Judge acquits Rapetti

23 July 2010

A New York judge has acquitted master rigger William Rapetti, who faced manslaughter charges over an accident in March 2008 that killed seven people. Rapetti's defence rested, in part, on uncertainties over the accident's root causes, first raised publicly in the pages of Cranes Today.

The New York Cranes Favco 440 collapsed while it was being fitted with a third collar. The prosecution case argued that Rapetti had used less slings to lift the collar than he should have done, had fitted them incorrectly, and had used one that was worn. When one sling failed, the prosecution said, the collar was dropped, starting a chain reaction that brought the crane crashing down, destroying a building across the street and killing seven people.

Rapetti's defence argued that he had followed industry norms, and that the straps were not necessarily the root cause of the accident.

The defence argued that other components may have played a role in the accident. Electronics on the crane had a history of problems, they said. Peter Stroh, the engineer who planned the erection of the crane, told the court that tie-ins used on the job had not initially met his specifications. The defence also argued that the friction foundations used on the crane may have played a role, an issue first raised in Cranes Today in February 2009, in a letter from one of the first ironworkers on the scene, Terence Soebel of Ironworkers Local 40.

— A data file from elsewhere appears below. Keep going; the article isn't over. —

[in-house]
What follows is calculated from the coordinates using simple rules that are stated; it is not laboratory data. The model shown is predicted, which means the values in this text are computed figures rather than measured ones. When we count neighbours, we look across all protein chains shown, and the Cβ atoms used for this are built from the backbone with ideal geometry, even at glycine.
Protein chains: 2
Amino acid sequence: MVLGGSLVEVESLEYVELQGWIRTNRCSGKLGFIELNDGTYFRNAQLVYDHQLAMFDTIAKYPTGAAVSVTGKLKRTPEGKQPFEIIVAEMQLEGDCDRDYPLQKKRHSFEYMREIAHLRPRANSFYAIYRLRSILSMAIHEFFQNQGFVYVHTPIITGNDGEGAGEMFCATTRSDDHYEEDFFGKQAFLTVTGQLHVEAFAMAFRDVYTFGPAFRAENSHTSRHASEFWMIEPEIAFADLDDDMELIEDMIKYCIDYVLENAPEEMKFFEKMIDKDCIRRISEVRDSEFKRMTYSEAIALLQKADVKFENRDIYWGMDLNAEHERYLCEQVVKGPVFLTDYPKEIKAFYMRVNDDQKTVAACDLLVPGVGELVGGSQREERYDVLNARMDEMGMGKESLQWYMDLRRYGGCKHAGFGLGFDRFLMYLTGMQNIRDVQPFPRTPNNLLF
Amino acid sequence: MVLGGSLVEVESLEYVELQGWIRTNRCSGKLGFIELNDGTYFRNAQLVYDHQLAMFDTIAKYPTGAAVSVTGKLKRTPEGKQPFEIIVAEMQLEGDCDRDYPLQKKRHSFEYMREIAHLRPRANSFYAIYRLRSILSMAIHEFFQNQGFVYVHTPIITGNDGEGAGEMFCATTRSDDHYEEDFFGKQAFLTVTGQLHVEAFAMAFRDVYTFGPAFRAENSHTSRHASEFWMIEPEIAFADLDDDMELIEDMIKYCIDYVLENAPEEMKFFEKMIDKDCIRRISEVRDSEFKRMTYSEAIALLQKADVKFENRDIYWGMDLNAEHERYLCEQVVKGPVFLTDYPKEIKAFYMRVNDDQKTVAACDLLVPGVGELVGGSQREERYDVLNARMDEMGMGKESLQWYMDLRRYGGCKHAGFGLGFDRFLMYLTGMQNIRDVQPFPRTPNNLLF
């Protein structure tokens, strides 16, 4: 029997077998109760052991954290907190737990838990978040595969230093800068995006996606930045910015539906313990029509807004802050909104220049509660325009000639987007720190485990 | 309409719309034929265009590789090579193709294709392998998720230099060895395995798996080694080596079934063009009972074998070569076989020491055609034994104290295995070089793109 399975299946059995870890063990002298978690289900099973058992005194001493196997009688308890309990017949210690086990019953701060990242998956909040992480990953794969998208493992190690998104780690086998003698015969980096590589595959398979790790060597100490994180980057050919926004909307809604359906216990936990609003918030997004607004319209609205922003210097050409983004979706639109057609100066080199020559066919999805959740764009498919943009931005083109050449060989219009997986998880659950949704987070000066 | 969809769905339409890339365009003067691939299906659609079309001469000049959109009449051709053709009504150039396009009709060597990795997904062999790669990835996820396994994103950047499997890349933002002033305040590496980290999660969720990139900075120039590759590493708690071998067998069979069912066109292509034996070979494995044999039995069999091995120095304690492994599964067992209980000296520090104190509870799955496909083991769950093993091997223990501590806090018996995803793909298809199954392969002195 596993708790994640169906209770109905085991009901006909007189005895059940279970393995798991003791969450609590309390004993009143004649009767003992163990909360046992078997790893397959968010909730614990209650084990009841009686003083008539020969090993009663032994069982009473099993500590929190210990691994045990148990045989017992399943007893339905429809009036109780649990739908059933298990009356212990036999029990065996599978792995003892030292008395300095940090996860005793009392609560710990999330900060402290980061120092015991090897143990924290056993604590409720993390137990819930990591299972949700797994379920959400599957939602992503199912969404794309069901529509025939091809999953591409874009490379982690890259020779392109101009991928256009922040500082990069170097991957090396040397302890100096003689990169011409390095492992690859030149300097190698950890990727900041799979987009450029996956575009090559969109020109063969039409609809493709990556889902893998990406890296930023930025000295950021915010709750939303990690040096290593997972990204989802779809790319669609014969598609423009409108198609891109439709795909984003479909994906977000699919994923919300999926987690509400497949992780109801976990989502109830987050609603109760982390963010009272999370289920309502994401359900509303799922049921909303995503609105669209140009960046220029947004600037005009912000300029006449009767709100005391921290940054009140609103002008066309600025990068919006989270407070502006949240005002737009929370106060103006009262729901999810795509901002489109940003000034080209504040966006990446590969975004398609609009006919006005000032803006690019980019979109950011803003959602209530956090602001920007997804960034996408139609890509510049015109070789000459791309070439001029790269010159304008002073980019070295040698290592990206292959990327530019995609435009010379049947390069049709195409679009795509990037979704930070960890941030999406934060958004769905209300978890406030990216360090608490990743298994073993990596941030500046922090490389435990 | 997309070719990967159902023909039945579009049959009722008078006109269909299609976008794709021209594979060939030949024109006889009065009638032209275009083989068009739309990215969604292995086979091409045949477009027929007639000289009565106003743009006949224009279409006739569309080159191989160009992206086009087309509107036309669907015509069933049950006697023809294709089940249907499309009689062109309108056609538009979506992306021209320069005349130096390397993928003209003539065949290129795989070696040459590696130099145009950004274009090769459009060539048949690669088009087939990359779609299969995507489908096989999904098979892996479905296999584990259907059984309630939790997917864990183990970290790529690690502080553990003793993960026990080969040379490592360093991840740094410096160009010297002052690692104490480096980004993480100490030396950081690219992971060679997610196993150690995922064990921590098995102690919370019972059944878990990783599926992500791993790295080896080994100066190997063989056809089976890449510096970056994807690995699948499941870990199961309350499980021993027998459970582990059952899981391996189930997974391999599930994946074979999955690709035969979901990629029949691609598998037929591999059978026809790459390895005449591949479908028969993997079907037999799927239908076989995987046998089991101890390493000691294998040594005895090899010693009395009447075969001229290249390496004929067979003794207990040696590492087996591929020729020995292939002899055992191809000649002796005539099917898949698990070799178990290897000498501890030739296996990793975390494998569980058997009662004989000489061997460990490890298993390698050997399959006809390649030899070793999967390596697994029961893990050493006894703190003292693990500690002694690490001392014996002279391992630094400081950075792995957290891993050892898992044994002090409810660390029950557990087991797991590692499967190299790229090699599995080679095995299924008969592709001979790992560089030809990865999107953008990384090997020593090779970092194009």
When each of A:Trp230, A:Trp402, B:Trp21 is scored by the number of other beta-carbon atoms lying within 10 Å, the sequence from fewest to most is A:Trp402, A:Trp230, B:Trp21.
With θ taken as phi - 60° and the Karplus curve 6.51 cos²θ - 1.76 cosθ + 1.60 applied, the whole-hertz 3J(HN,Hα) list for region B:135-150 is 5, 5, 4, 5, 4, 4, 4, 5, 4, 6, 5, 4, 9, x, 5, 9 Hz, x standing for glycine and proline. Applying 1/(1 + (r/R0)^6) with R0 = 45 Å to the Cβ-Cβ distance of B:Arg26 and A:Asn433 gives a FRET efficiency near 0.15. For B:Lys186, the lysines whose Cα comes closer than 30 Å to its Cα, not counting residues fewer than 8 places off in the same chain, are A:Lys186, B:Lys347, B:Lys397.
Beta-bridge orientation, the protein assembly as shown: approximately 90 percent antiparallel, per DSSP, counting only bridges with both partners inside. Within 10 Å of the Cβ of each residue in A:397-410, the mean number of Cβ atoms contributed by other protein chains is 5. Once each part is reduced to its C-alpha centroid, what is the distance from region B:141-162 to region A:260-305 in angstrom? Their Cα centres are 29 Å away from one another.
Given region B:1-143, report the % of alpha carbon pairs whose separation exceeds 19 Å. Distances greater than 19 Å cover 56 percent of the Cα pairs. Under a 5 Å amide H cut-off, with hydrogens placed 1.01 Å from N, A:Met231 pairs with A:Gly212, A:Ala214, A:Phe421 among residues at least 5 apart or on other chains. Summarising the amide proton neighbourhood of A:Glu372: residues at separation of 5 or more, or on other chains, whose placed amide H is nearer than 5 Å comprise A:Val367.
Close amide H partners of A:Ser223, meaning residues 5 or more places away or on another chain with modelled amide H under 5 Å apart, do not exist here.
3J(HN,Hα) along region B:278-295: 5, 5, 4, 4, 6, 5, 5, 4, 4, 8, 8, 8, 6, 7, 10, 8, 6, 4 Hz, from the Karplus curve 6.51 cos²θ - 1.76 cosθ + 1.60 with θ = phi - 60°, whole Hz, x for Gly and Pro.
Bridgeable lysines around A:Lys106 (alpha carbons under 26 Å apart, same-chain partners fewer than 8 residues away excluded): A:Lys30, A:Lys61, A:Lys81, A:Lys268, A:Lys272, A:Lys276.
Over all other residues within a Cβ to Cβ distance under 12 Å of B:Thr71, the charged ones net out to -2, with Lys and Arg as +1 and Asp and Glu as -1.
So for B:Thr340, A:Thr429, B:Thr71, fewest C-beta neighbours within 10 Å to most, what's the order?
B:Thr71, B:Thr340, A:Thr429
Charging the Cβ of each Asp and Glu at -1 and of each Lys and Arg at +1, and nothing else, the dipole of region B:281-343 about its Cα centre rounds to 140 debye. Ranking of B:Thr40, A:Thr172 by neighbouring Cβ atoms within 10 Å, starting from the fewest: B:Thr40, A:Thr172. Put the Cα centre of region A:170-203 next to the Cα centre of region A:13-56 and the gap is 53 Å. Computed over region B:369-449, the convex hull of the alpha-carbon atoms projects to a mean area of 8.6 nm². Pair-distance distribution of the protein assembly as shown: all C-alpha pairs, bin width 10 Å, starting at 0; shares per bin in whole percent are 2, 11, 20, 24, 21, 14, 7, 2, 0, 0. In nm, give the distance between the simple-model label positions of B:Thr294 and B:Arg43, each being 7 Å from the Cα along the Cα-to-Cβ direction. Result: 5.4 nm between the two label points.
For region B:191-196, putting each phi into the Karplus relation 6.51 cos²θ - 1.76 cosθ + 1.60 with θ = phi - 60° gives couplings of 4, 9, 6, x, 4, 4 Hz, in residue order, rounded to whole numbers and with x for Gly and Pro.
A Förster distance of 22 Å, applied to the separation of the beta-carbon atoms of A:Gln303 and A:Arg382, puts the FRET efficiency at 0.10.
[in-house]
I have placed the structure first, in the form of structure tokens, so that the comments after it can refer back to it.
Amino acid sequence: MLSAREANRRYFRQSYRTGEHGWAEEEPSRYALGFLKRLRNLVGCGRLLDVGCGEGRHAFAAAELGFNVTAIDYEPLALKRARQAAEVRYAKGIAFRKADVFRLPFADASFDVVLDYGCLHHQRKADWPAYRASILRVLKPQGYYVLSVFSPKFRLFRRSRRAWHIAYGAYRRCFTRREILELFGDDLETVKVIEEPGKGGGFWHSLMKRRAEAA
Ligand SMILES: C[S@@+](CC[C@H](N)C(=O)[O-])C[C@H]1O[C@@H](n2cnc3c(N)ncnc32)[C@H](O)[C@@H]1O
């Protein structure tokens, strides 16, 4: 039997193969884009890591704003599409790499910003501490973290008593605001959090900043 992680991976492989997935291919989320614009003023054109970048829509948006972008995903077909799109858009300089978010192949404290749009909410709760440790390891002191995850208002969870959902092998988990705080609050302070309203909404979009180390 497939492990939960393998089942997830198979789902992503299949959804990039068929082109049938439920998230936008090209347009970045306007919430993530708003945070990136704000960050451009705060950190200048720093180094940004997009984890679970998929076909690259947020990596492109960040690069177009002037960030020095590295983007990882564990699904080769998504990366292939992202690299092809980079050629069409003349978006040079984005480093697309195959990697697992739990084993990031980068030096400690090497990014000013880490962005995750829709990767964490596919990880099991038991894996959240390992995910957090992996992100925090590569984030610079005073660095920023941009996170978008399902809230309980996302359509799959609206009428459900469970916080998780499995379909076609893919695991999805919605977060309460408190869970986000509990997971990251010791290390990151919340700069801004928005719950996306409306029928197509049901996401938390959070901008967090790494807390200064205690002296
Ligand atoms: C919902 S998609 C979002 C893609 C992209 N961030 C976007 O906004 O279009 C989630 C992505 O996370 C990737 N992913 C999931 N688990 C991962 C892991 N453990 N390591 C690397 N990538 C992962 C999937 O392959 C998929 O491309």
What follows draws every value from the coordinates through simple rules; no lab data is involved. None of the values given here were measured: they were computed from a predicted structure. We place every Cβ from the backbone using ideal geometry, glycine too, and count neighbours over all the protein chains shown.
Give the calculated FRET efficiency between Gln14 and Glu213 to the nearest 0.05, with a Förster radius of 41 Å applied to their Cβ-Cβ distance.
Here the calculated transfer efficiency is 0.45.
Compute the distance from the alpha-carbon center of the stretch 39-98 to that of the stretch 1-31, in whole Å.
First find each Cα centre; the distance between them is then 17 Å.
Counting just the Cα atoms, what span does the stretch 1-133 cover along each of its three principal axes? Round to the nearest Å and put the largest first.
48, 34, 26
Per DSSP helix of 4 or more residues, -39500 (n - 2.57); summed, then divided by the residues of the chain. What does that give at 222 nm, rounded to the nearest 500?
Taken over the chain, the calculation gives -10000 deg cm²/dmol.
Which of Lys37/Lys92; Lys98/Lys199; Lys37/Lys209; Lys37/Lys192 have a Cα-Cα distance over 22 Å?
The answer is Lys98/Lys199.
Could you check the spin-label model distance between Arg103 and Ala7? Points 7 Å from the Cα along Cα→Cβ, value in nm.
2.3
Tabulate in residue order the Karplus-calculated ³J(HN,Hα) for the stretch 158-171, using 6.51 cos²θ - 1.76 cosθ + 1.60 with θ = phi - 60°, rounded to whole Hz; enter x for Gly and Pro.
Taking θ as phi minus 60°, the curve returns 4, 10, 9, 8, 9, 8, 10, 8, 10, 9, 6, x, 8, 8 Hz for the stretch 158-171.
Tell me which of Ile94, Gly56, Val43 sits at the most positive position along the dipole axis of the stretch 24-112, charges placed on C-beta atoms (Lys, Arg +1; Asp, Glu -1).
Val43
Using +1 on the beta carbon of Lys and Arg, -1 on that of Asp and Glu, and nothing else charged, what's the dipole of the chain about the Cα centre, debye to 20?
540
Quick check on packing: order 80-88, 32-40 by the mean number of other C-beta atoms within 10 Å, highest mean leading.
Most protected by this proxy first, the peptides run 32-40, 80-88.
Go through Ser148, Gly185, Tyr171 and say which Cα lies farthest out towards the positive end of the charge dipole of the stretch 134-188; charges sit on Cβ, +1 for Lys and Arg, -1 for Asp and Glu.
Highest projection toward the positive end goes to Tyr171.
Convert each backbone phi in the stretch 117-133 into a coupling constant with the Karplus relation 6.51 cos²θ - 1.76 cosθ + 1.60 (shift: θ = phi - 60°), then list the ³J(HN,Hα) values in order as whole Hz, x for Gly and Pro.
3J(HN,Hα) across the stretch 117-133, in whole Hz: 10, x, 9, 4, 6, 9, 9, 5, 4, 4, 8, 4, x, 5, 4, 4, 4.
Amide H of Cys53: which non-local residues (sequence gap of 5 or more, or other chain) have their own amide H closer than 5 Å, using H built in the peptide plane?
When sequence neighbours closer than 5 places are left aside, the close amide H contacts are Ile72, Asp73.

As well as suggesting other possible causes for the accident, the defence put the prosecution's explanation of the accident to the test, showing the judge video of an experiment that attempted to replicate the conditions of the accident, conducted by former New York City department of buildings employee Leo Lee. An identical collar, fitted with three new and one worn sling, in the configuration used by the riggers that day, was subjected to similar stresses. Lee testified that, even when the worn strap was cut, the collar held, slipping only a few inches.

Rapetti chose to be tried by a judge sitting without a jury. The judge cleared him of all charges.

Back in February 2009, when Rapetti was first charged, Cranes Today's leader column asked if, when questions remain about the root causes of an accident, it can be right to conduct a criminal prosecution of a single individual. Currently, New York prosecutors are pursuing a second criminal case, against two men involved in the mass fatality collapse of a Kodiak crane in May 2008. New York City is facing court action from the Steel Institute of New York, which is attempting to block crane regulations that, it argues, were rushed out in response to both accidents, and exceed the city's regulatory powers.

Looking down at the tower crane base from across the street Looking down at the tower crane base from across the street